Despite the diligence of the District's maintenance program, overflows do still occur. Culprits include: diapers and other hygiene products that should not have been flushed down the toilet; fats, oils, and grease (FOG) that should not have been poured down the drain; and construction debris introduced into the collection system. In short, overflows are usually preventable. Overflow cleanup is costly and has the potential to introduce pathogens into the environment. If an overflow reaches a storm drain or watershed, the District is required to report the incident to environmental agencies, raising the potential for fines or litigation (under provisions of the Clean Water Act) by environmental watchdog groups. In fact, the District recently settled (for $17,000) with such a group whose cause of action was based simply on the fact that overflows had occurred.
What YOU can do
Never flush solid objects down the toilets.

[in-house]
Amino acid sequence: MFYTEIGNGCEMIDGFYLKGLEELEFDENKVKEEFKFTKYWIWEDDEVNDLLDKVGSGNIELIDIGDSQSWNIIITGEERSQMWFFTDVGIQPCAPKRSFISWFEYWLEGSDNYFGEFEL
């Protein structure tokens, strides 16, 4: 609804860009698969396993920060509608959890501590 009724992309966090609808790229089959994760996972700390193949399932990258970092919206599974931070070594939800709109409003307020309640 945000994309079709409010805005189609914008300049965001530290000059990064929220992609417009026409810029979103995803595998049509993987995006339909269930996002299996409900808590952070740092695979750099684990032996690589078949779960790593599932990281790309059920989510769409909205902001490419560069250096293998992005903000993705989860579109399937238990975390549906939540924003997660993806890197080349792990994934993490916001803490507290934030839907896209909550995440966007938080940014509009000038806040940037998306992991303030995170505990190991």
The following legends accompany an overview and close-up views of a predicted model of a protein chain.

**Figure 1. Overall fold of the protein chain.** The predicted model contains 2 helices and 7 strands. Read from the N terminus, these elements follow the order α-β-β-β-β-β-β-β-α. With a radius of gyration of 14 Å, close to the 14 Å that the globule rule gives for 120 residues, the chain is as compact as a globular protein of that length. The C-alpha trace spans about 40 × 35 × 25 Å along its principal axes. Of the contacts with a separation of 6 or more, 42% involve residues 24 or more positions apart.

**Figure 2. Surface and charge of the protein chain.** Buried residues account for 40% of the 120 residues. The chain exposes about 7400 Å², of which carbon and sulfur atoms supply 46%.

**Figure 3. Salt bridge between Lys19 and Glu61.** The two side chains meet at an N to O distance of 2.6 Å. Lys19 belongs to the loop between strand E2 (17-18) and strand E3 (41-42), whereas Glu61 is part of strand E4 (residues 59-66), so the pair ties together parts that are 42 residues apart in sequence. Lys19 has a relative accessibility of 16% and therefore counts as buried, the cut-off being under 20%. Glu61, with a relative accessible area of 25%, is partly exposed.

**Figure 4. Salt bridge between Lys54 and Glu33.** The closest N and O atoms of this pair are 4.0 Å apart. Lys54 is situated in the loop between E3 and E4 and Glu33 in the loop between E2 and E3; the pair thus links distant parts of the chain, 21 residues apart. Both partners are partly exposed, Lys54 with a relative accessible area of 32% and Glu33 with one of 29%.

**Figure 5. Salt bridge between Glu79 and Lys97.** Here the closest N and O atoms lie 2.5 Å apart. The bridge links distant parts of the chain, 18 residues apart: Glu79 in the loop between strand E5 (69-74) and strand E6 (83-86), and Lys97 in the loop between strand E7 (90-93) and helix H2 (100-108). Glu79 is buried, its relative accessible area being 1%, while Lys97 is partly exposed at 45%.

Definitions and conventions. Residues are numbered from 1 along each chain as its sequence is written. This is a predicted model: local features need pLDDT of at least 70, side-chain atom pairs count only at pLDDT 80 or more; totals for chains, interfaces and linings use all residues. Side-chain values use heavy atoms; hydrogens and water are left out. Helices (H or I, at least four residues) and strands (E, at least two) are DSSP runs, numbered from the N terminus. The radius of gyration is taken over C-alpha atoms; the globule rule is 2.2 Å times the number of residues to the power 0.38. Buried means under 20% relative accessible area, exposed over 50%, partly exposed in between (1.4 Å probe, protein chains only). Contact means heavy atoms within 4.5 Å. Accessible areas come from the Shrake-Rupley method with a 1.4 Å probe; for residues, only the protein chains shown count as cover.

Don't use your toilet or sink drain as a garbage can for household chemicals, dental floss, rags, old sponges, etc.
Never pour fats, oils, and grease down the sink or garbage disposal!
Before washing, scrape and dry-wipe pots, pans, and dishes with a paper towel and dispose of it in the trash.
Use a grease can to collect all your excess fats, oils, and grease (FOG).
Cool fats, oils, and grease and pour into the grease can.
Mix oils and grease with other absorbent material like paper towels, kitty litter, or coffee grounds and allow the contents to congeal in the refrigerator or freezer.